To sum up,

  • ·        Jesus’s appointing of a successor from twelve followers is prefigured by Moses (Num 27)
  • ·        Jesus is drawing from Isaiah 22:22 to establish Peter’s dynastic authority in Matthew 16:18-19
  • ·        The pope is the steward of the kingdom of heaven until Jesus comes again
  • ·        The Catholic Church is the kingdom of heaven on earth with an unbroken line of popes since St. Peter which Jesus died to establish

God bless,

Cameron Riecker

 

 

 

Friday
Jul222016

St. Isidore the Devotional Farmer

How many of us feel that we are constantly busy and that busyness never stops coming? How many feel that no matter what we do we just do not have enough hours in the day to get everything done? How many have hobbies or things that we would like to do more of but work keeps us from doing that? How many of you would say that you are so busy that God even takes a back seat to the tasks you have in front of you? I know in my career as a youth minister sometimes I am so busy that I feel that I would rather sleep than go to Mass on a weekend or spend any more time somewhere than what I have to do (yes, even employees in the church have these thoughts/feelings).  As these thougts and feelings come over me from time to time I cannot help but reflect back on my life so far.  I grew up on a farm in the country of Decatur County just outside of Greensburg, IN.  As a farm kid I would always be doing things outside or helping with various chores that needed to get done everyday.  When I was helping wean pigs in the hog house or doing various manual chores my dad told me to do I kept thinking to myself, “There is absolutely no way on God’s green earth that I am going to do this for the rest of my life.  I am getting out of here as soon as I can.”  Little did I think at that time that my dad did this every day, seven days a week and he did not complain once.  I also did not realize how much of an inspiration he is to me for that as well as the lessons he taught me.  He did it because it was something that he loved and was passionate about.  He would be out doing farm chores at the crack of dawn all the way to late into the evening and get back up and do it all again the next day.  Sometimes I would get frustrated at him because we as a family never really took a real vacation outside of going to Holiday World or we never got to do things that other families did together such as go to the movies or do various fun things.  Now do not get me wrong we still made time for fun and family but I kept wishing through that time how I wish that we lived in the city so we could have more time to do the ‘fun things’.  The one thing that never changed through all of the things that my dad had to do however was that he never, ever missed Mass on Sunday’s.  His devotion to God was an integral part of his life and no matter where he was at or what was going on he always went to Mass.  It always at that time confused me why he would want to get up so early on a Sunday to go to church when that was the only day of the week he would have off or could rest.  That dedication however is what helped shape me into the man I am today.  Now as an adult I might not be farming for a living but I get all that goes into that process.  I especially get how much being busy can have a toll on all of us in all areas of our lives.  So when I get stretched too thin across the many pastures I am in charge of in my life what do I do?  Well as I was researching St. Isidore when I was hired on to the Parish his life story really hit me and is a daily inspiration to me to always be faithful.  St. Isidore was born to a poor family in Madrid in 1070 AD, St. Isidore lived his entire life as a hired hand for a wealthy landowner.  Despite his poverty, Isidore was well knowon for his charity to the poor.  His wife Saint Maria Torribia, always kept a pot of stew over the fire because of Isidore’s habit of bringing home beggars to dinner.  He was also known for his devotion to his faith, praying often and attending mass daily before going out to the fields.  Stories of miracles followed St. Isidore throughout his life and after his death.  Now many people see St. Isidore as the patron saint of hardwork, but Isidore’s virtue was not in his zeal for manual labor.  Actually, in many ways, he wasn’t a very good worker.  His daily trips to morning Mass often caused him to be late to the fields.  Once he did finally make it to work, he often stopped his labors to take up prayer.  He also poured out valuable grain for wild birds and gave food to beggars.  One of Isidore’s fellow farmhands, who didn’t share the saints habit of attending daily Mass, became angry at Isidore’s occasional tardiness and informed their master of the offense.  When the master came out to the fields the next day to learn the truth, he found that Isidore was indeed absent.  But he didn’t find his plow idle.  Angels had taken up the task to ensure the work got done.  Interestingly, God didn’t send these angels to work the plow for Isidore as a reward for his exceptional dedication to his work.  On the contrary, they joined Isidore because the saint was exceptionally dedicated to prayer and the sacraments.  Similarly, St. Isidore was not rewarded for thriftiness.  Although poor himself, the saint gave freely to the poor, sometimes past his means.  But when Isidore dumped out grain for hungry wild birds, the grain bag miraculously refilled.  When Isidore brought hom a house full of beggars, his wife’s stew pot never emptied.  The miracles that accompanied St. Isidore were not the results of unceasing dilligence at work or frugality in the home.  Instead, it was his devotion to God and charity to neighbors that brought about the miraculous events.  Now obviously in today’s world we cannot just be late to work because we went to daily Mass or stop in the middle of a tedious and labor intensive task to get on our knees and pray.  It does beg the question however, if we did these things with a strong dedication would God send us angels to help as well so things would get done? The answer to this is probably not but this example of St. Isidore has more to teach us then to be more generous and carve out any extra moments we have for spiritual matters.  We call St. Isidore “the farmer” but he seemed to consider his first profession his devotion to Christ.  He was St. Isidore the Servant of God and the Poor, who happened to serve God through agriculture.  His life was not one of balance or prioritization, but it was one where he devoted himself full heartedly to his faith.  His farm work was simply an extension of his love for God instead of something he did for money or because he had to.  As I look at the example of St. Isidore and apply it to my life, I can also see this with my dad.  He is constantly busy with farm chores and things he needs to get done but it is not merely something he does for money or for a ‘job’.  It is an extension of his love for God.  This saint could not be any more perfect for our community of Celestine and Dubois.  I see this devotion lived out in many parishioners on a daily basis from all different professions not to mention the huge number of farmers we have in the community.  God was truly at work when he helped us decide on this name.  Let us ask ourselves this year how can we live out the example of St. Isidore and allow our professions and our lives be an extension of our faith and to help us serve God in everything no matter what comes our way.  I am blessed that I grew up on the farm and that I have such a great father who taught me the value of my faith but also the value of hard work.  St. Isidore, pray for us.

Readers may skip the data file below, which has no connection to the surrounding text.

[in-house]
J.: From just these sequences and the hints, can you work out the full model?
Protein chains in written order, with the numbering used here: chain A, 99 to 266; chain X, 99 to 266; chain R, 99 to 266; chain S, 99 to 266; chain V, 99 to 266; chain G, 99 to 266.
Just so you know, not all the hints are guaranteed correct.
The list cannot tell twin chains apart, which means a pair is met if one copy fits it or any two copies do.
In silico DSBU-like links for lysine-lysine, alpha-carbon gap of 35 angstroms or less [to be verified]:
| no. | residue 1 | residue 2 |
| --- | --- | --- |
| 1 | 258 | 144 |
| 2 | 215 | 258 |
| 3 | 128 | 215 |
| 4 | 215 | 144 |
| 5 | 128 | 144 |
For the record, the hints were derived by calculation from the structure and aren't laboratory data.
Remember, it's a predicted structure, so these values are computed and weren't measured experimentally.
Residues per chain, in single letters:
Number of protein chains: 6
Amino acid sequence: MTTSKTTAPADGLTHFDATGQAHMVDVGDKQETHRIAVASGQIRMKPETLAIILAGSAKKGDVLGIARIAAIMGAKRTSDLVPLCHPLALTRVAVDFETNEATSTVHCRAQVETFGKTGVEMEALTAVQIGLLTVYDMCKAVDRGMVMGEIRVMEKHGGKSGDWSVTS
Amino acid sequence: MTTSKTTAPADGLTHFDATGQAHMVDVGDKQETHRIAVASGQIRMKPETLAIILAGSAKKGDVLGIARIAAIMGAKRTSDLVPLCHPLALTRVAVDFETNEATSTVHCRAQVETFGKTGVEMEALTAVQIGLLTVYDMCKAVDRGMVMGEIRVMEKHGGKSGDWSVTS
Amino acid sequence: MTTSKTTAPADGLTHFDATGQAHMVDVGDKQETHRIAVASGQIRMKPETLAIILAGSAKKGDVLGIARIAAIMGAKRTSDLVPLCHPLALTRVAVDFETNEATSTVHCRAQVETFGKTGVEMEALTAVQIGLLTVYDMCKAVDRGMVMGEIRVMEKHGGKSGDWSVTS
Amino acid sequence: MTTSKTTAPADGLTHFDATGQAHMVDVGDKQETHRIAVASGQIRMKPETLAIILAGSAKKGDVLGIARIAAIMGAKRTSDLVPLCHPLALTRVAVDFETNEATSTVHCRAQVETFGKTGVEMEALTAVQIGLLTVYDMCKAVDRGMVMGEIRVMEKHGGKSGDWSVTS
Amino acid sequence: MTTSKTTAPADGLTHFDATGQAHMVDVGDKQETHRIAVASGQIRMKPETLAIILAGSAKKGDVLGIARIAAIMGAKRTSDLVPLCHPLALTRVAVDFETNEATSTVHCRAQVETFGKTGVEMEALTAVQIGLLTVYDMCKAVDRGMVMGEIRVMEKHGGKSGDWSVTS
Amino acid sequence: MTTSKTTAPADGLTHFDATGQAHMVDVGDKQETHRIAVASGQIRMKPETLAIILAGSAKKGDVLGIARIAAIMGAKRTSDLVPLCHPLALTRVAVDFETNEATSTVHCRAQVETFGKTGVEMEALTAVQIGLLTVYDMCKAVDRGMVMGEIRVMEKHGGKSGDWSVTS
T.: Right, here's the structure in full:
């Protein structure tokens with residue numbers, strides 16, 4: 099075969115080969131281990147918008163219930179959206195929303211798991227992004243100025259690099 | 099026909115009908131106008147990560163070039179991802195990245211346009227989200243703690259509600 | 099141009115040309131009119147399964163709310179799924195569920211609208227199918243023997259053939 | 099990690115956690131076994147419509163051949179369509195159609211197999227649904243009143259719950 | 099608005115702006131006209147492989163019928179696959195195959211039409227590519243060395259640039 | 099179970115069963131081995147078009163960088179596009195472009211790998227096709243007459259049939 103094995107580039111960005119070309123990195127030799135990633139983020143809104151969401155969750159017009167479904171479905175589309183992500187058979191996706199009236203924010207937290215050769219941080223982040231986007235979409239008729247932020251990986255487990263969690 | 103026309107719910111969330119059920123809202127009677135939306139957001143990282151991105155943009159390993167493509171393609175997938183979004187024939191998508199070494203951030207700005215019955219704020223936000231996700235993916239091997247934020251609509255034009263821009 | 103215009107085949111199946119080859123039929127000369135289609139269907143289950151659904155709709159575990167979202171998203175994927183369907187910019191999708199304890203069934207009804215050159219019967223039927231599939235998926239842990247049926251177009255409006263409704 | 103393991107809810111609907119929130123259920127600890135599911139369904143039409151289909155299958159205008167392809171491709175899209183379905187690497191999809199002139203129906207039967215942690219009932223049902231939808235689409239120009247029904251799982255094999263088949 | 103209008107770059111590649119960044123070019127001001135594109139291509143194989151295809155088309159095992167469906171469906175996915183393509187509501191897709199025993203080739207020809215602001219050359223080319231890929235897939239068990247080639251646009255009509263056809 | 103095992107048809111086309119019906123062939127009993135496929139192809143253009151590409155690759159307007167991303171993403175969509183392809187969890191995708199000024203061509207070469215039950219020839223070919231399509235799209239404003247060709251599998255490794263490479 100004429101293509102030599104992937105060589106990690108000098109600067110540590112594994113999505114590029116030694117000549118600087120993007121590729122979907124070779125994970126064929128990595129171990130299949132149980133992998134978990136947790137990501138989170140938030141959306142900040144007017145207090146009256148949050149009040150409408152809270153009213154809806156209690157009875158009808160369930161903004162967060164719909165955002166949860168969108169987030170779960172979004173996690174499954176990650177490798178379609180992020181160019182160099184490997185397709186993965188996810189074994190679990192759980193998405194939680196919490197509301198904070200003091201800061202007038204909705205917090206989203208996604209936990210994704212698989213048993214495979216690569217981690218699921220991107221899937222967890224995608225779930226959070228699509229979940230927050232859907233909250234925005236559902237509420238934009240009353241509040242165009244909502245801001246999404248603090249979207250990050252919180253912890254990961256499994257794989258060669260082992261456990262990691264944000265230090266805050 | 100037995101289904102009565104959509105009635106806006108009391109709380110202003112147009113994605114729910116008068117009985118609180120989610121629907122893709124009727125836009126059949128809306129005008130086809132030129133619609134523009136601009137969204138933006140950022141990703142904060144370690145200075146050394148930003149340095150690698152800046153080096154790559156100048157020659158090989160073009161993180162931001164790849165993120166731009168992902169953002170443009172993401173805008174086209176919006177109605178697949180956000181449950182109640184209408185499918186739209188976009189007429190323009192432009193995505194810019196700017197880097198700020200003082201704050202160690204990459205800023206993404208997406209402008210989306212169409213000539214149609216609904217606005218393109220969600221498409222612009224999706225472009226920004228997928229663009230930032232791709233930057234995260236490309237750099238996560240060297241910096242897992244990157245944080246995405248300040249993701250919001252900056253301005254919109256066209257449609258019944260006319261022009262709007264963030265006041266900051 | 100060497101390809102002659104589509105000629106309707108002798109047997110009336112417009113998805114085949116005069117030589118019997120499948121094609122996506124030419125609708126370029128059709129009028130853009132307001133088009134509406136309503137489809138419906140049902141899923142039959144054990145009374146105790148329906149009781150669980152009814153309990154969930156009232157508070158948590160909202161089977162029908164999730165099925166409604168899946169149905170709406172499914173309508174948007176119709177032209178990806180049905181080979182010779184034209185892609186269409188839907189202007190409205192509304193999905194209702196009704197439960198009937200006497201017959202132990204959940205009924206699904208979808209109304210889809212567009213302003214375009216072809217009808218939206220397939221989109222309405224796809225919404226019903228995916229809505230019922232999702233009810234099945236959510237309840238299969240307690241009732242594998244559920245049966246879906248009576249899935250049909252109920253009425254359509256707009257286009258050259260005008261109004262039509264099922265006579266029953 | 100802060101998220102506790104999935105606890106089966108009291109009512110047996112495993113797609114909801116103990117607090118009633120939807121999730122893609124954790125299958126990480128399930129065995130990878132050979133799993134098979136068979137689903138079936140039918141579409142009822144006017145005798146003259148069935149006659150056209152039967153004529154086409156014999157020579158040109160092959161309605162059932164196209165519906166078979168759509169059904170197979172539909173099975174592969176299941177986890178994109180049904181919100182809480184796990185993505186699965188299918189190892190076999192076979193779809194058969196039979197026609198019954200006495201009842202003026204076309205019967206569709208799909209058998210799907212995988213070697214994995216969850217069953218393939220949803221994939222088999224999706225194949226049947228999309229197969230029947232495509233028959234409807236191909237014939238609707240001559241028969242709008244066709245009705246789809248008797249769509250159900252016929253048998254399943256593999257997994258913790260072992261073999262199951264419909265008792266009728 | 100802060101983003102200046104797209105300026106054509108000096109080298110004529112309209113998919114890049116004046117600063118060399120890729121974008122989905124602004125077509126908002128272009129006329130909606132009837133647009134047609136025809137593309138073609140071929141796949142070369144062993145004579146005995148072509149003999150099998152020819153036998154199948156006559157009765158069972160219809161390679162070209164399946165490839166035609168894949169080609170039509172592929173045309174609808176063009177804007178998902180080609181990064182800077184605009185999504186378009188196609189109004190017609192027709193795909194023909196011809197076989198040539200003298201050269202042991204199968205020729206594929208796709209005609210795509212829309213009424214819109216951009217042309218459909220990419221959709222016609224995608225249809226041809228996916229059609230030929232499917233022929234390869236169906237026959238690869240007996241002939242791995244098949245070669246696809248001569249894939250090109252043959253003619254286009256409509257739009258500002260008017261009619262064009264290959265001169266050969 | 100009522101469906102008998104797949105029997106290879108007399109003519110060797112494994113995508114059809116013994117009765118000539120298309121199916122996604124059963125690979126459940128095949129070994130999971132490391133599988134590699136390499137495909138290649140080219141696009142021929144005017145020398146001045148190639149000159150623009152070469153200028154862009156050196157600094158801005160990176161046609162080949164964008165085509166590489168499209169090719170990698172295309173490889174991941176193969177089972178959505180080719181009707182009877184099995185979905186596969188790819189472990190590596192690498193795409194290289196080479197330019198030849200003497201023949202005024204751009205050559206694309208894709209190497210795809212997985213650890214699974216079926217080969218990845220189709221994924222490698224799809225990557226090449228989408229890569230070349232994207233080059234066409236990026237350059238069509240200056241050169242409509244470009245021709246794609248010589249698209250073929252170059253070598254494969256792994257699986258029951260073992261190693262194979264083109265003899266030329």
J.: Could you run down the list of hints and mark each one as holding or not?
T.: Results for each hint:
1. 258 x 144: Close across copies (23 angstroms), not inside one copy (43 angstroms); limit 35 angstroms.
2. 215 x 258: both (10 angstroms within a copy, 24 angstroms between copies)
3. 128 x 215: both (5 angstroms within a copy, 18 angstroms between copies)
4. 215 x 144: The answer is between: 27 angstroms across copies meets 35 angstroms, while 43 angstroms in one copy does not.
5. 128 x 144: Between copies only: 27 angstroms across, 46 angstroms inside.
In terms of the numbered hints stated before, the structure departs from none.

History section inspired and researched through an article from Catholic Rural Life, Spring 2016 edition.

Tuesday
Jul142015

Rock Your Faith!

"Rock out man!" "Did you see that movie? It was rockin'!" "My favorite kind of music is rock music." How many times do you hear the word Rock or some variation of it in daily life or on today's TV Shows, Movies, Music, etc? Ok I know not many people say Rock out man or rockin in daily conversation (except maybe me from time to time) but how many times do you hear the term Rock or some variation of it used to talk about the faith? Or about the love of Jesus Christ? If you are talking in terms of youth and outside events the answer is not often. St. Joseph's Parish in Jasper IN changes all of that with their event known as Rock Your Faith. This event is one that is a little different than what you would expect because it isn't a high school retreat, it is geared for the Jr. High/Middle School students.  This retreat takes big concepts such as serving your neighbors and being Christ for others and brings it to their level from games, to service projects, to music, to different witness talks by youth such as themselves. If you are in high school don't count this amazing experience out so quickly because you guys are the star of the show. You are mentors to these Middle School students and your fire for your faith rubs off on all of these students. The other bonus to all of this is that you get to hang out with some awesome brothers and sisters of Providence who come to hang out for the weekend as well. Rock Your Faith is an amazing experience for both Jr. High and High School students and is something that everyone should experience! For more information on this event and other youth events coming up please contact Glenda in the office 812-634-1875 or through e-mail greckelhoff@evdio.org.